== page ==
Showing posts from November, 2010

Painting the Painters

Lyndell  16 x 12"

Winter arrived last week, and it blew in hard and fast.  One day I was in sandals, the next: snow boots. 
As it does every year, the first snow brought traffic to a halt, and that meant that the model did not make it to my class at the Calgary School of Art.  The poor woman spent her evening stuck in traffic.

Luckily, I have an intrepid group, and they opted to paint each other in the act of painting.  This is an extremely tricky thing to do: your subject is always in motion and expressions constantly flicker across his or her face.  It requires a certain "whatever happens, happens" approach to painting, or you're likely to get pretty tense. 

The amazing and wonderful thing was that no one got tense, and everyone got a very good likeness of their subject.  More than that, they all produced very emotional, touching works of the people that they knew.  It was a stimulating and invigorating experiment that I probably wouldn't have tried under ide…

Figures in Landscapes

Alpine Meadow  18 x 20 This painting is unusual for me in that it has a figure, but he's not centrally important. Normally I do either figure or landscape, but not both at once. There's something relaxing about putting a little person in there for scale and narrative, but not having to render him with any degree of detail or finish.
Though I love landscapes, I have found that they look empty to me without some people or their traces. I guess that makes me truly urban, or maybe my aesthetic has been shaped entirely by European impressionism and post-impressionism. You'd be hard pressed to find a wild scene even in 19th Century western Europe; the land had been densely populated and cultivated since Roman times. Planted forests have lived and died on that continent. It makes North America seem rugged and untouched.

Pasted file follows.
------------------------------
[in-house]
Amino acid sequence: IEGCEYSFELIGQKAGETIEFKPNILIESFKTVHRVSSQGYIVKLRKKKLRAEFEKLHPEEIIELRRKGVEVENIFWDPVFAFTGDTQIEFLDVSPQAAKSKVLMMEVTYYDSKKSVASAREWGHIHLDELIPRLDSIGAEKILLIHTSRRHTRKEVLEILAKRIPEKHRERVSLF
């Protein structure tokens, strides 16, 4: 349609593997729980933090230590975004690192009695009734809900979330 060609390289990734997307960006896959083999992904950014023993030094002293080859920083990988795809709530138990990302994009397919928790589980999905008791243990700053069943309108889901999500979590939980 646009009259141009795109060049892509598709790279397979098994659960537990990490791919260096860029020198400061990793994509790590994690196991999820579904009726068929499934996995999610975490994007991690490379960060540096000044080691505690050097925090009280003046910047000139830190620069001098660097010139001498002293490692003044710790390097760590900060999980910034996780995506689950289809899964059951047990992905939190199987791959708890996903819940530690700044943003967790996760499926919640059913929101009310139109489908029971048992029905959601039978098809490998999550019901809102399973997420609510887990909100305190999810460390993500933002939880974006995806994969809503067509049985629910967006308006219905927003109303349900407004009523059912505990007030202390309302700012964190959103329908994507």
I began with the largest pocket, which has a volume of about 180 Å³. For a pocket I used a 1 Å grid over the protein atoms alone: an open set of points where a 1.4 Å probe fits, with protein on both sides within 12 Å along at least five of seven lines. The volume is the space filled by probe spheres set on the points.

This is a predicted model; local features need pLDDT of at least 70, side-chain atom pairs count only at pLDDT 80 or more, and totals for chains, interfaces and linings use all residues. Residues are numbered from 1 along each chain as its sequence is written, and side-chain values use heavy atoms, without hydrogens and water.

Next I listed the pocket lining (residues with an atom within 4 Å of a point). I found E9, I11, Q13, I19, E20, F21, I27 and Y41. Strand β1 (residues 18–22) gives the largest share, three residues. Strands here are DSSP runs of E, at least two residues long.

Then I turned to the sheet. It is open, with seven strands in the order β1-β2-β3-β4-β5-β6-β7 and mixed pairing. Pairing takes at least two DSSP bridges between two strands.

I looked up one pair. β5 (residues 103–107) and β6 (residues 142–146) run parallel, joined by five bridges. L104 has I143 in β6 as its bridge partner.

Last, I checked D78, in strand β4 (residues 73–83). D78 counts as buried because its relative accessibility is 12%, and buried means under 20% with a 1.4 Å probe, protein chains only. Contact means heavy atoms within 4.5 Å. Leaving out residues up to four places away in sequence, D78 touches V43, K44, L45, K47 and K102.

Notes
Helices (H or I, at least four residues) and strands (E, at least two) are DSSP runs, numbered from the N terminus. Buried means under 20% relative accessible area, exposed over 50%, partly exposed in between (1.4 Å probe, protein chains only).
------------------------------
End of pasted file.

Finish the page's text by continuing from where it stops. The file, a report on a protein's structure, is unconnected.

It's that raw wildness that I'm unable to render in paint. Maybe it's just too huge and impersonal for me to contemplate. It makes my attemp…

The Lure of Instructional DVDs

Autumn Bouquet II 26 x 30 I was browsing the trailers on the APV Films site the other day and ooh-ing and ahh-ing like a kid at a fireworks display. APV distributes art instruction DVDs and has some very good, international artists.
I love watching even the short promo trailers because they show the working methods of the painters. David Curtis paints as if he's assembling a jigsaw puzzle: he knows where each piece goes and places it unerringly in the correct value, shape and colour. Herman Pekel paints with abandon and glee, using credit cards for tools, sloshy, drippy paint, and layers that you can't believe he's able to apply given the amount of wet, mushy paint on the canvas. Maxwell Wilks starts his paintings in a random, sketchy, and muddy fashion and then pulls a light, pleasing, and harmonious work out at the end. And there are others: all unique.
The thing that stays with me, after watching all of these different approaches, is that it's their confidence …